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Love in the Time of Bollywood

India's Strained Romance Revolution

A couple stands near the seafront during heavy rains in India's financial capital Mumbai June 7, 2008.
A couple stands near the seafront during heavy rains in India's financial capital Mumbai June 7, 2008. (Punit Paranjpe / Courtesy Reuters)

At nine every morning, Sana dons her burqa and rides pillion on her father’s scooter. He drops her off at the all-women’s college in Bhopal where she is completing a Master’s degree in English literature. On most days, though, Sana does not attend classes. Once inside the college gates, she throws off her burqa, changes into her “Westerns” (typically low-rise jeans and a fitted t-shirt), and leaves. Her boyfriend of two years, Aftab, picks her up on his motorbike, and they zoom off to spend the day together.

Sana’s hometown is the sleepy capital of the central Indian state of Madhya Pradesh. Situated on the banks of a glorious lake, Bhopal is beautiful. But it is known around the world for something else: an industrial disaster in 1984 that killed 2,259 people. Today however, Bhopal seems much like any other bustling Indian city. Next to sepia Mughal-era ruins are the familiar signs of urban development: glitzy new shopping malls, McDonald's, and bright new coffee shops, such as Bake-n-Shake and Cafe Coffee Day. These are the kinds of places that one can take a boyfriend when cutting class, and they are filled with young couples in love.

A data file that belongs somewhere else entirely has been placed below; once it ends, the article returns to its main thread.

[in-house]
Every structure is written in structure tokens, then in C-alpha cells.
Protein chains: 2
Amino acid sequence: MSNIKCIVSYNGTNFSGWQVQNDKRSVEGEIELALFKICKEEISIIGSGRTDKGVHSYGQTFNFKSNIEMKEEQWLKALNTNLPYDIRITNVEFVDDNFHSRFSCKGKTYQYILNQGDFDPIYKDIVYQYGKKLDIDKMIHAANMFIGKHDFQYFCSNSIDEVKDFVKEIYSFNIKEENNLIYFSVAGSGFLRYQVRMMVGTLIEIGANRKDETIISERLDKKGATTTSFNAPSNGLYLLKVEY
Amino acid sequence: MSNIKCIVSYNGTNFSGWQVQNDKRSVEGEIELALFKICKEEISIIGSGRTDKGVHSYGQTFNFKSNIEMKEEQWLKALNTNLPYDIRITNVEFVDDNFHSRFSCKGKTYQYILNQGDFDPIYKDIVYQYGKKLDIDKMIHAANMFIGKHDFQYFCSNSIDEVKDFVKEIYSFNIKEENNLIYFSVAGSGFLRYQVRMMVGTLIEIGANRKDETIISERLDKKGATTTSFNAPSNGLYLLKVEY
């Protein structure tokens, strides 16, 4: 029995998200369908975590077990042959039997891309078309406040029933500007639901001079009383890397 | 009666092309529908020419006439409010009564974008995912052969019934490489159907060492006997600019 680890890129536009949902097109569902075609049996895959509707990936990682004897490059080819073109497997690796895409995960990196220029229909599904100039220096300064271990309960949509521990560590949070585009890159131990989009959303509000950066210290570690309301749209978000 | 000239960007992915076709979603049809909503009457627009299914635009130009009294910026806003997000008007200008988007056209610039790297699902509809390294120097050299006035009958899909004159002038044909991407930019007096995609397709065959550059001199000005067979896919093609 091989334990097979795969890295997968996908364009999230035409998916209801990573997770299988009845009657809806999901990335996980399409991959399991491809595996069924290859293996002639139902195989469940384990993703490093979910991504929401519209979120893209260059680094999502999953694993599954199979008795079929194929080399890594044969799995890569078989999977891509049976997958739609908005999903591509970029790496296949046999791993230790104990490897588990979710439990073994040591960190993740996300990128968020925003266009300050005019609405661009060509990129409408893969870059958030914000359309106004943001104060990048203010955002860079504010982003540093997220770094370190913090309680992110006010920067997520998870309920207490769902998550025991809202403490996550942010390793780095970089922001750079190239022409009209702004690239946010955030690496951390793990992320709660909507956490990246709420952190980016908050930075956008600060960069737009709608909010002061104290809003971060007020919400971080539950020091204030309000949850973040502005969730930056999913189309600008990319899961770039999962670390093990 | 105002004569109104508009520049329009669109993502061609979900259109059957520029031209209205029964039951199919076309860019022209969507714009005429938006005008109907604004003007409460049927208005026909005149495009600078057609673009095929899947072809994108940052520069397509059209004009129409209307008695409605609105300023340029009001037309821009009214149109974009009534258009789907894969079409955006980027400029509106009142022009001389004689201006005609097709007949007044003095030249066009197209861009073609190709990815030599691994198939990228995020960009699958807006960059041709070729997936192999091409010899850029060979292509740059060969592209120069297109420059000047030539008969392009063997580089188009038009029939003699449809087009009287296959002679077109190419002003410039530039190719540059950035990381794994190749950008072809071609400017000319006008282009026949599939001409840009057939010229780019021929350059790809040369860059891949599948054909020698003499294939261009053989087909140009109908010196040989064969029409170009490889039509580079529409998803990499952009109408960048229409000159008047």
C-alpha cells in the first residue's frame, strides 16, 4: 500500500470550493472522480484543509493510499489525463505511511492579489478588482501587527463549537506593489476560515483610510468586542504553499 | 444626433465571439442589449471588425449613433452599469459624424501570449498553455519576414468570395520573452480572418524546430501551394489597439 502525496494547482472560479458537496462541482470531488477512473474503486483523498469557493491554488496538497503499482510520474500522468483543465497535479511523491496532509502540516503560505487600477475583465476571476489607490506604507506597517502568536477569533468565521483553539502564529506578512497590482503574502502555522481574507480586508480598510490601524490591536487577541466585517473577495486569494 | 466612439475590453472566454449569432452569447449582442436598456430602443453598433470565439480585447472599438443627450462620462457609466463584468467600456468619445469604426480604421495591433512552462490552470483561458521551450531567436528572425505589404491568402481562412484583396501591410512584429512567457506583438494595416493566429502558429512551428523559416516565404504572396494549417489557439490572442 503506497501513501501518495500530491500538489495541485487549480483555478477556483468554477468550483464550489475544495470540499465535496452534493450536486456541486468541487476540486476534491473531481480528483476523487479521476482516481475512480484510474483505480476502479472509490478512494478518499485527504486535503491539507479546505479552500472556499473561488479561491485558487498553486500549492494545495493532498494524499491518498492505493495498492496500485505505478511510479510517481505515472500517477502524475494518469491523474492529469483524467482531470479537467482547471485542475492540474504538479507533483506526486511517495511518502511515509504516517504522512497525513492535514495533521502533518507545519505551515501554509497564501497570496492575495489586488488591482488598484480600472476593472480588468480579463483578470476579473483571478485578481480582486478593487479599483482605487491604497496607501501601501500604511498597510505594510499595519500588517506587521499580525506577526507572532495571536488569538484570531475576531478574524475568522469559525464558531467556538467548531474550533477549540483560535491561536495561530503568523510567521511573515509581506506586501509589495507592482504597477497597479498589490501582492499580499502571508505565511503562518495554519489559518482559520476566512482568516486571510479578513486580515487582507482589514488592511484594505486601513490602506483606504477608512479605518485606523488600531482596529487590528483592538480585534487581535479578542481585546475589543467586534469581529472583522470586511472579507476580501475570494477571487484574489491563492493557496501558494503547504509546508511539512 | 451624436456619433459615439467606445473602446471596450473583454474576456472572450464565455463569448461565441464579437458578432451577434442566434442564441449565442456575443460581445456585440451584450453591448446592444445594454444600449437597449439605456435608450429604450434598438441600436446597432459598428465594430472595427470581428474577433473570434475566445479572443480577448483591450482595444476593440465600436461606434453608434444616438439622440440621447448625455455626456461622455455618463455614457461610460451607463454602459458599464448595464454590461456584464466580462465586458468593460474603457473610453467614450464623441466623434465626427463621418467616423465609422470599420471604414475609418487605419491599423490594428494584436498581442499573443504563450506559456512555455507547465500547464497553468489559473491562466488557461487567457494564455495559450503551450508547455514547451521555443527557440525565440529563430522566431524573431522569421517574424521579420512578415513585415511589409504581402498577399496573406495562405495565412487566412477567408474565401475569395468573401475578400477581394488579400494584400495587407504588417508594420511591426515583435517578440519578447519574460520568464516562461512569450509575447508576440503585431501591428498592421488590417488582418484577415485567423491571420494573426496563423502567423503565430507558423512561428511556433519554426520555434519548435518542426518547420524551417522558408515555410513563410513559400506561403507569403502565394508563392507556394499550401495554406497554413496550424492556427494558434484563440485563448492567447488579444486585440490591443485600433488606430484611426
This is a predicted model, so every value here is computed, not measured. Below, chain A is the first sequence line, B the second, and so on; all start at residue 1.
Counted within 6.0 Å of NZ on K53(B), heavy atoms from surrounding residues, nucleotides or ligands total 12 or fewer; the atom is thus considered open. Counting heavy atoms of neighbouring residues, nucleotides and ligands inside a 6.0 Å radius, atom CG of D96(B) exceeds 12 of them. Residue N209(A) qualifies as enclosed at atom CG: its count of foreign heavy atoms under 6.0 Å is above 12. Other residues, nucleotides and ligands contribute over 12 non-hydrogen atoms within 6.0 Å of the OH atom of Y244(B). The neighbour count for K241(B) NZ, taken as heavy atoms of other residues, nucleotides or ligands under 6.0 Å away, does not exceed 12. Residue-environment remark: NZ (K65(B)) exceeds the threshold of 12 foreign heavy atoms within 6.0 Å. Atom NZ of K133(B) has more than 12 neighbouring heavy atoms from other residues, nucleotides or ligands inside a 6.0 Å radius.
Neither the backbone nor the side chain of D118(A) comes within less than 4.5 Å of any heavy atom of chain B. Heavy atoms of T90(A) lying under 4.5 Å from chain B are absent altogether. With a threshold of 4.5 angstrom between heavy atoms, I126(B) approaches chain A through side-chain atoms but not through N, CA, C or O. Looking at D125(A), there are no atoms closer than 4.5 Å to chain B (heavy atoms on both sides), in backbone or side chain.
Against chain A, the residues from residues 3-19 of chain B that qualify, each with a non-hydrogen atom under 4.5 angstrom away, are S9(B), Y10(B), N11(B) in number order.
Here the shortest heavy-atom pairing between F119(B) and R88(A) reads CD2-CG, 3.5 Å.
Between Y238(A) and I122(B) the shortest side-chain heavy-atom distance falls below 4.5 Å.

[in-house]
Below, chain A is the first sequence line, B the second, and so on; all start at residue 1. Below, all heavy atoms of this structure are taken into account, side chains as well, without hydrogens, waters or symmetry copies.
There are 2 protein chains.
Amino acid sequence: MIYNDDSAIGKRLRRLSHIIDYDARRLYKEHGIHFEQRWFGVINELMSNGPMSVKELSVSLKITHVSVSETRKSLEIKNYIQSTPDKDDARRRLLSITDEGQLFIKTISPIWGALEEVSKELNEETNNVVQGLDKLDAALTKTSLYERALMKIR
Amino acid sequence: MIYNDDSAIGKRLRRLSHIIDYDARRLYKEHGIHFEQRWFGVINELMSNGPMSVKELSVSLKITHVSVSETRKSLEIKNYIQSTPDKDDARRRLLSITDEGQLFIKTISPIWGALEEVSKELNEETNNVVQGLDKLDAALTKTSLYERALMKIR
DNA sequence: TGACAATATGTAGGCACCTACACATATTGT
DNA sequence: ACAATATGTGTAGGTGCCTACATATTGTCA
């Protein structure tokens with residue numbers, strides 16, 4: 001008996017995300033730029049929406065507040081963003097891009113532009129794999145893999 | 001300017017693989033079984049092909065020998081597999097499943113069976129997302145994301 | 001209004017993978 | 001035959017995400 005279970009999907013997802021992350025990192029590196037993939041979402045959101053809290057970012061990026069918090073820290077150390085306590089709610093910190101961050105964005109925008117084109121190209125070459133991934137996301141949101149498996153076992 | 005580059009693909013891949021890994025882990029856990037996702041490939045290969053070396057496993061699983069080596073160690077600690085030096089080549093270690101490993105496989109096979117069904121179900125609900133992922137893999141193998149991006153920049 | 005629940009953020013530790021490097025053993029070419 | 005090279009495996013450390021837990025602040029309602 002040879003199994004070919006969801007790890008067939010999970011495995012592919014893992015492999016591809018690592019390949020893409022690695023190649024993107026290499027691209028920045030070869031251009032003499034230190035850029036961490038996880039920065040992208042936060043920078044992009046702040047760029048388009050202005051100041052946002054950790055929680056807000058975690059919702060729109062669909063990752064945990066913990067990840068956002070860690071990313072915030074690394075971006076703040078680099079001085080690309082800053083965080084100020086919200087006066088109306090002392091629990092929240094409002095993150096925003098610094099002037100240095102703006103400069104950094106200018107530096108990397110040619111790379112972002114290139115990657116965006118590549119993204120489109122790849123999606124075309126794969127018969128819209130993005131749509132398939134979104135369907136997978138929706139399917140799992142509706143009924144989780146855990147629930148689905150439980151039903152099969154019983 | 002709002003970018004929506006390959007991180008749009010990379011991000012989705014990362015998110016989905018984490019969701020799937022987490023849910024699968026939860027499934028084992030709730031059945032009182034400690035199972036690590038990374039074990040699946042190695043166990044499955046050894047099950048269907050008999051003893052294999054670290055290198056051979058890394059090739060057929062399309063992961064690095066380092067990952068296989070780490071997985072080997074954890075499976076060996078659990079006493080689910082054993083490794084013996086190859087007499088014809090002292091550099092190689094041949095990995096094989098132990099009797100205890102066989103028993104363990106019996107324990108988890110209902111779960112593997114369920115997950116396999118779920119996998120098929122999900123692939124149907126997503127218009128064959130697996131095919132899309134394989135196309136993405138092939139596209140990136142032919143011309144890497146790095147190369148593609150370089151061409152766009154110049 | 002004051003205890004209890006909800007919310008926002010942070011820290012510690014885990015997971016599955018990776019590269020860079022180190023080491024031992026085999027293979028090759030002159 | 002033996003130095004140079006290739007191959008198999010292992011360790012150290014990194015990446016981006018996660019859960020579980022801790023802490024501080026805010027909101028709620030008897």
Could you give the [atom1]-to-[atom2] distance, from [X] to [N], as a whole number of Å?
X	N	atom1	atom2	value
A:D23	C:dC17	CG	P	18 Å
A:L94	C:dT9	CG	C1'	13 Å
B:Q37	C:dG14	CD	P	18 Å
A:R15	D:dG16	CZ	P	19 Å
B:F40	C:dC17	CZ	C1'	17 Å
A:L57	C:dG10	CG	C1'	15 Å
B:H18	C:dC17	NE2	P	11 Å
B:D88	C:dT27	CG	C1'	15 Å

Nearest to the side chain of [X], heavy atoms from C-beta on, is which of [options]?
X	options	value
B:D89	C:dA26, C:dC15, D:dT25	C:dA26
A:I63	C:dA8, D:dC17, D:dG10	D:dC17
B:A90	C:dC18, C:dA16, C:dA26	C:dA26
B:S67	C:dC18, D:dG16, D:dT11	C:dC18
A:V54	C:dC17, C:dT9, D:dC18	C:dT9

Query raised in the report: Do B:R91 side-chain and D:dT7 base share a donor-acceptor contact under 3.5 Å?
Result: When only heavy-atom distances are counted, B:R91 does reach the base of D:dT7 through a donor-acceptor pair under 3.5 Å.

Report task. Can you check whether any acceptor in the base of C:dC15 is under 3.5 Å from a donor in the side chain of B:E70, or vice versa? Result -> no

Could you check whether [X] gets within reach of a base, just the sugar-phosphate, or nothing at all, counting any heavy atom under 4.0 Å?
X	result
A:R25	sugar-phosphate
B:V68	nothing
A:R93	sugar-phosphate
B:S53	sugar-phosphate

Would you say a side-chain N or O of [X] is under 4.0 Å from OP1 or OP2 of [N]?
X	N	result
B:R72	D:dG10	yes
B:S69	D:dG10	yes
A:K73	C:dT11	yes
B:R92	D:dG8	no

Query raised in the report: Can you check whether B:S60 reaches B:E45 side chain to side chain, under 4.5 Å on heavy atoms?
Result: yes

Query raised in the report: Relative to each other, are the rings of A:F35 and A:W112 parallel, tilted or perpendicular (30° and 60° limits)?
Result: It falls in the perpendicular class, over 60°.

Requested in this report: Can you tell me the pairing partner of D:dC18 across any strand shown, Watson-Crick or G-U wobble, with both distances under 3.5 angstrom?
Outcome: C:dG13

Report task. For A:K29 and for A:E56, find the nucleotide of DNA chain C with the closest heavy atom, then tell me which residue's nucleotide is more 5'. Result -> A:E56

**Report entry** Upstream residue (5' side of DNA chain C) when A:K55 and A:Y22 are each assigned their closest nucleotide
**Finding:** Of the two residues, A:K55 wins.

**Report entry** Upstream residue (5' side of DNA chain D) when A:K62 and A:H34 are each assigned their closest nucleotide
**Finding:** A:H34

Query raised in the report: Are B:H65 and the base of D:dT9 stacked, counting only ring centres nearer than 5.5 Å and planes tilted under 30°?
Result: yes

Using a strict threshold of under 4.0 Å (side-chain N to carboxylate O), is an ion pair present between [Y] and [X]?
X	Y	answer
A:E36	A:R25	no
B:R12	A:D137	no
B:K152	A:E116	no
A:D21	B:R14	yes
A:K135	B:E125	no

Despite the new additions to Bhopal’s landscape, though, it still is not easy to carry on an illicit romance. “I can never let my family find out,” Sana says. “If they do, they will drag me out of college and marry me off.” In fact, she has been betrothed to her cousin, a customary practice in her Muslim family, since she was 16. At the time of her engagement, Sana says, she was too young to understand what was happening. She was still in school and had, until then, led a rather sheltered life. She only realized the implications of her engagement after she began college. But by then, she had “adjusted” to the idea of marrying her cousin. In all these years, she has met him only twice. She is still expected to marry him when she graduates. Of her boyfriend, Aftab, she says, “I would love to marry him, but my family does not agree. He is Shia; I am Sunni. Also, he is unemployed.”

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